TRAFIGURA: The Guardian was served with a gagging order forbidding it from reporting parliamentary business.

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&#8220-The Guardian is prevented from identifying the MP who has asked the question, what the question is, which minister might answer it, or where the question is to be found. The Guardian is also forbidden from telling its readers why the paper is prevented – for the first time in memory – from reporting parliament.&#8221-

&#8220-The only fact the Guardian can report is that the case involves the London solicitors Carter-Ruck, who specialise in suing the media for clients, who include individuals or global corporations.&#8221-


The Trafigura fiasco tears up the textbook.

Gordon Brown calls for reform of super-injunctions.

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Columbia Journalism Review not much convinced by Wall Street Journals Justin Wolfers

No GravatarTo say the least.

[&#8230-] Unfortunately, by the eve of the New Hampshire primary, Wolfers was back in the Journal, writing this time that the newspaper’s own prediction market, WSJ Political Marketplace, run by Intrade, was showing that New Hampshire might be the “death knell” for Clinton and a couple other candidates. After a bet like that, in Vegas they’d say, &#8220-craps.&#8221- 

Humm&#8230- I don&#8217-t like this CJR piece, but it shows that many in the non-business press are skeptical of prediction markets.

Read the previous blog posts by Chris F. Masse:

  • I get a kick each morning out of spying on the rich, famous, and powerful people updating their LinkedIn profile and connections. (Go to “InBox”, and click on “Network Updates”.)
  • ??? BetFair bet-matching logic ???
  • Eliot Spitzer has simply demonstrated once again that those who rise to the top of organizations are very often the most demented, conflicted individuals in any group.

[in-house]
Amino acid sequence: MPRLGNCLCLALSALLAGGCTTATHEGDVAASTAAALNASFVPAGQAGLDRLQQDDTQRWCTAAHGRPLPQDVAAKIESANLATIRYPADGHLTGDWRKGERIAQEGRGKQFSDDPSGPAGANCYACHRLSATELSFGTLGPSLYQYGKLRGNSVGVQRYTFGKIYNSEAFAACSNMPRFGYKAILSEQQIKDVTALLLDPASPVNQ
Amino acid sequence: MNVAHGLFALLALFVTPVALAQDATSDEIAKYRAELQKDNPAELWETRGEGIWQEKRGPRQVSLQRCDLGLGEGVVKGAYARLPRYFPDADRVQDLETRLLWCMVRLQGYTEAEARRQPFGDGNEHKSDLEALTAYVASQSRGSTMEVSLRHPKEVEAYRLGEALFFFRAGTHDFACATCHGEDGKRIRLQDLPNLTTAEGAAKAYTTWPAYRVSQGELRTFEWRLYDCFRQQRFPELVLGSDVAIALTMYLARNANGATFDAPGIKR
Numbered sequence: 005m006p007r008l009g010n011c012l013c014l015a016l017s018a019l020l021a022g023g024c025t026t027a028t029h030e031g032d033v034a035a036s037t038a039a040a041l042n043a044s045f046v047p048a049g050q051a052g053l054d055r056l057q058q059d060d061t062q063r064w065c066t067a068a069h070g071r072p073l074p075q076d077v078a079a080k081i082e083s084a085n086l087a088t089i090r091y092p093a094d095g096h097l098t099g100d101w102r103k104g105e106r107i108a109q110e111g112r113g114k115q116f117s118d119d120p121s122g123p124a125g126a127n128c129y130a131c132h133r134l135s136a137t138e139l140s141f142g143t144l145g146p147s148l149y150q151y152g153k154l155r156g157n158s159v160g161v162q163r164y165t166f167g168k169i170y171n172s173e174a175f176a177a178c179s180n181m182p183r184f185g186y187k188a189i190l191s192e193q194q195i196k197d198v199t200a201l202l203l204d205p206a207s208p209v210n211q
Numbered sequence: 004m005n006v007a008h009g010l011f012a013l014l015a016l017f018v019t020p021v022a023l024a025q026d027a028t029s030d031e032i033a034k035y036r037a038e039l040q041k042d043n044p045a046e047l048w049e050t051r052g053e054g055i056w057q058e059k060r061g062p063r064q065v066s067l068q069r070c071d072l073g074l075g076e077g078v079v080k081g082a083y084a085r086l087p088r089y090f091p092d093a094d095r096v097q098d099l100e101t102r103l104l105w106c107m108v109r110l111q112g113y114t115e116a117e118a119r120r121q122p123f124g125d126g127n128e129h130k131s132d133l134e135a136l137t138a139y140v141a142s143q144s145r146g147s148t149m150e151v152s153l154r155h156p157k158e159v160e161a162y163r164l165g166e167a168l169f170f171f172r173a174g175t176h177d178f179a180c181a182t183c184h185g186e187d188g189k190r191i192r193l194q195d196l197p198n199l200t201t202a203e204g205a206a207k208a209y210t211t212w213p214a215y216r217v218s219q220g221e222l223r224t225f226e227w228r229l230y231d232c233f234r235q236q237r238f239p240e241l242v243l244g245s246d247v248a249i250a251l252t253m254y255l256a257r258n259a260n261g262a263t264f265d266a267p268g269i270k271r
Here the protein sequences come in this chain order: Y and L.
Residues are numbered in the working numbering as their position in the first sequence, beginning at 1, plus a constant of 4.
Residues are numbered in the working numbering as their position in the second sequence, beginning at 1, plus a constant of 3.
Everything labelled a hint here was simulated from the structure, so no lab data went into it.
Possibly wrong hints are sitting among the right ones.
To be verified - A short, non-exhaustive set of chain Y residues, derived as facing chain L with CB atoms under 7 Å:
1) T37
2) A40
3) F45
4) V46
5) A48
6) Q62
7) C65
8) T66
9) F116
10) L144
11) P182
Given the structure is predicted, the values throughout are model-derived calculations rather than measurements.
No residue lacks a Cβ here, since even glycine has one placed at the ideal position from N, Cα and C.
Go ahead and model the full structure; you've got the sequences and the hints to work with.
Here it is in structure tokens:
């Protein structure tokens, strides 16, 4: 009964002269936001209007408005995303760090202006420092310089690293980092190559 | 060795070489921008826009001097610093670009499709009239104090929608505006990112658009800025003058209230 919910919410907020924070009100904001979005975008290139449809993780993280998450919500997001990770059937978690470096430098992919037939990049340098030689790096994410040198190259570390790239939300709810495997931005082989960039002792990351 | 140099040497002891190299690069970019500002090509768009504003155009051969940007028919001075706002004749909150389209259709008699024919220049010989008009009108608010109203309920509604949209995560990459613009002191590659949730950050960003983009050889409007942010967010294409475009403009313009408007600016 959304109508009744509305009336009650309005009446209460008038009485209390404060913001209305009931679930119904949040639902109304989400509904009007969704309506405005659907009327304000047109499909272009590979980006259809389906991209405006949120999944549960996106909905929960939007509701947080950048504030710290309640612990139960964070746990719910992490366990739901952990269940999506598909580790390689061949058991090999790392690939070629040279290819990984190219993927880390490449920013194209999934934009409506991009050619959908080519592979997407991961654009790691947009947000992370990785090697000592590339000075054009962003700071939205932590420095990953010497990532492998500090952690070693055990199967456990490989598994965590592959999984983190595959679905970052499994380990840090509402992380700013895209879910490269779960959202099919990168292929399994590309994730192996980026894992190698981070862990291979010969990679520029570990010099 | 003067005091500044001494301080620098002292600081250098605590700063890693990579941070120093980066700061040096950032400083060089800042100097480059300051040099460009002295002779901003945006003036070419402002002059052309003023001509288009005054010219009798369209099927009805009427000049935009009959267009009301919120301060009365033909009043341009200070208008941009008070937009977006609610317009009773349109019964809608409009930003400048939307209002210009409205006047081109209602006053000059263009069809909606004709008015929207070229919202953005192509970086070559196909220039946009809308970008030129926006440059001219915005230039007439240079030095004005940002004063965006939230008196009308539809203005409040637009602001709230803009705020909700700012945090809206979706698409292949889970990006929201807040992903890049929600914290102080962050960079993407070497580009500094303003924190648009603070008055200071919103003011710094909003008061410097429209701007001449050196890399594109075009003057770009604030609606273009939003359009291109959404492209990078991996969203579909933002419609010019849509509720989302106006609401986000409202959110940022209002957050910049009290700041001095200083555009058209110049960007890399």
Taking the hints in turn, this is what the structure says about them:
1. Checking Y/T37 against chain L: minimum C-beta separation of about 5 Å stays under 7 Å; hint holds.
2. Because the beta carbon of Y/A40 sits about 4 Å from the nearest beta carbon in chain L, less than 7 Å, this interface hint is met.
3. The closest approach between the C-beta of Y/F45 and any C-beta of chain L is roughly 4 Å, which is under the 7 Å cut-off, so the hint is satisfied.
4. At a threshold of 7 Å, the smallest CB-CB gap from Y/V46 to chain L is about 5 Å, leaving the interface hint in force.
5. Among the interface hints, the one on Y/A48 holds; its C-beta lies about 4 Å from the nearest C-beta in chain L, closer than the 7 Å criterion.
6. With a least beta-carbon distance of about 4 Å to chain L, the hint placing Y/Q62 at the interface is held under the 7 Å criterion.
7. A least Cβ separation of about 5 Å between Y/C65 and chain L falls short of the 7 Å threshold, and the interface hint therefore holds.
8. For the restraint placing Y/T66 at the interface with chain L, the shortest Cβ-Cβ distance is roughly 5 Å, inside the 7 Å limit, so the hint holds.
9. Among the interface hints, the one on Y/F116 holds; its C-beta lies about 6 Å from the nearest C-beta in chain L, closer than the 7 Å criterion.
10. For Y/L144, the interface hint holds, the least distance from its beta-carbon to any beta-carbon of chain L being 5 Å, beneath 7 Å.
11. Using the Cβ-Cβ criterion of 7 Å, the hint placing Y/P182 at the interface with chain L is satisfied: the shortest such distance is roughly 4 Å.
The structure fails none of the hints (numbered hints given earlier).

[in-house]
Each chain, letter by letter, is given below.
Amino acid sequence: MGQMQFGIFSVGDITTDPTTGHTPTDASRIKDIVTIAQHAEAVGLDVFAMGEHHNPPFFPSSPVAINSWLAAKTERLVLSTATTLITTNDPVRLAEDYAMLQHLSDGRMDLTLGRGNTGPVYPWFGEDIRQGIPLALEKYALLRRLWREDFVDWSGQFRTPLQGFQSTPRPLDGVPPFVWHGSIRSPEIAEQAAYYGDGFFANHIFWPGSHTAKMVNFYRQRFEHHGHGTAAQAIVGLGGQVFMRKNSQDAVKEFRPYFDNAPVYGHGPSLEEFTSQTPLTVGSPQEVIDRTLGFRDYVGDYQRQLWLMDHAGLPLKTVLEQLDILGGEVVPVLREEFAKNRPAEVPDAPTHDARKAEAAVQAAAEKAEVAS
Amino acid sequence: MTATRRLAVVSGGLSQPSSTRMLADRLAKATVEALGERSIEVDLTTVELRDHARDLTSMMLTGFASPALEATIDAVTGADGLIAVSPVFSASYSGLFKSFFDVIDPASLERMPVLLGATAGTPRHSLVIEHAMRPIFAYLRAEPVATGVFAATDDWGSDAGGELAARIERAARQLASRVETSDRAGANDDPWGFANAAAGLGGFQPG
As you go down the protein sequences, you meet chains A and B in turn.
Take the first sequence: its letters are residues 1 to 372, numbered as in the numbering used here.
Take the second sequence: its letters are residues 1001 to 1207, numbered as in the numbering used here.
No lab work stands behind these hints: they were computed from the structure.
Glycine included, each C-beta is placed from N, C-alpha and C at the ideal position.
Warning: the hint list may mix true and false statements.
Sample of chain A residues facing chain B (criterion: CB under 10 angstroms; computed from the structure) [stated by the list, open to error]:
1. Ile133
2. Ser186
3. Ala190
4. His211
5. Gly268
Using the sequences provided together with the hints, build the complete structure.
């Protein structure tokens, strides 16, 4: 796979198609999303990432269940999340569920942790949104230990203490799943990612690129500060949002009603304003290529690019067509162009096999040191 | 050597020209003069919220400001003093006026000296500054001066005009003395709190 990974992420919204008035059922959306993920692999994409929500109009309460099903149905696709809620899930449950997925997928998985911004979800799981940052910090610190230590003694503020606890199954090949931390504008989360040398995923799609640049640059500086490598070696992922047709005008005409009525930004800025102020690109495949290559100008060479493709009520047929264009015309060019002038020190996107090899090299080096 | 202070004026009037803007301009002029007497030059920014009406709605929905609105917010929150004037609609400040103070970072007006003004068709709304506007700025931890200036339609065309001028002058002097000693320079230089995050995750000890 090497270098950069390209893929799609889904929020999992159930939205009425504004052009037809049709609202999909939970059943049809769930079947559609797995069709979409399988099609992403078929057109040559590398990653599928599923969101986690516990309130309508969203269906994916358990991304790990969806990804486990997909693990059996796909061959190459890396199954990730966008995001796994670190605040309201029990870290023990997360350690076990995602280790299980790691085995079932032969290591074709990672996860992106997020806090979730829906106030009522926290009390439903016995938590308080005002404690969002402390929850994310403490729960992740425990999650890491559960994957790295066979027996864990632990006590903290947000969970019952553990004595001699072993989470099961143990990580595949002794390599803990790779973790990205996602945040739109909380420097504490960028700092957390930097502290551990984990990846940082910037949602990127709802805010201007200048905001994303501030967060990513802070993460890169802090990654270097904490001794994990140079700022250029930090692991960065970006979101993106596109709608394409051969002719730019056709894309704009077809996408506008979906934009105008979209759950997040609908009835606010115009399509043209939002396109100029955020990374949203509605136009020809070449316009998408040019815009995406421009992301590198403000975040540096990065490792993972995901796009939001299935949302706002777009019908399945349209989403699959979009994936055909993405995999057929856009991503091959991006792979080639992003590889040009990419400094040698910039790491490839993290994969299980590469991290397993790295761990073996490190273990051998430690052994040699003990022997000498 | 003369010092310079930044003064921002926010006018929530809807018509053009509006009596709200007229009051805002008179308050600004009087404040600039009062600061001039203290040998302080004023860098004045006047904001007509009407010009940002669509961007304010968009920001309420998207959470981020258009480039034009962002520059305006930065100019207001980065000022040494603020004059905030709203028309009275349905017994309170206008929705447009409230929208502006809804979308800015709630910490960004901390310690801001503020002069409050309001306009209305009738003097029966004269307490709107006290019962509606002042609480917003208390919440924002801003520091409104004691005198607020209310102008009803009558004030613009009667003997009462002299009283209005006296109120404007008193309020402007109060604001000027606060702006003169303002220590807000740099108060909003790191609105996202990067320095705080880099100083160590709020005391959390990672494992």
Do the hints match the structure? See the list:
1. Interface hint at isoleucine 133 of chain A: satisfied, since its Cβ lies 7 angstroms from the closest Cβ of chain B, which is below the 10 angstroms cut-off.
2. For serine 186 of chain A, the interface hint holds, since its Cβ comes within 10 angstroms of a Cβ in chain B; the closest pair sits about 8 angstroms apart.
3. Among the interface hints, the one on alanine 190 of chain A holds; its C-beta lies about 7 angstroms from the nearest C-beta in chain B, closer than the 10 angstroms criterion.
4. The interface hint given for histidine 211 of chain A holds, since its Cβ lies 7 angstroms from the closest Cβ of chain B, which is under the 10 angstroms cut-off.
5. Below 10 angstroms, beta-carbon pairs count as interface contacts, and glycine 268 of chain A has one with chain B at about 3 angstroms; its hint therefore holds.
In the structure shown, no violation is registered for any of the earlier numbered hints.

• Business Risks & Prediction Markets
  • Brand-new BetFair bet-matching logic proves to be very controversial with some event derivative traders.
  • Jimmy Wales accused of editing Wikipedia for donations.
  • What the prediction market experts said on Predictify

Care to revise your statement, sir?

No GravatarJustin Wolfers:

In a few years, we may regard the second half of the 20th century as the aberration in which the press used polls rather than markets to track political races,” Justin Wolfers, a business professor at the University of Pennsylvania’s Wharton School, wrote in an e-mail message. “And in the 21st century, we may return to the habits of the early 20th century, reporting on political races through the lens of prediction markets rather than polls.

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Previously: Prediction markets are forecasting tools of convenience that feed on advanced indicators.

Read the previous blog posts by Chris F. Masse:

  • Bzzzzzzzzz…
  • Bzzzzzzzzz…
  • “No offense, but I think Radley Balko is the most valuable blogger in America right now.”
  • Are you a better predictor than John McCain?
  • What does climate scientist James Annan think of InTrade’s global warming prediction markets?
  • Inkling Markets, one year later
  • One trader’s view on BetFair’s new bet-matching logic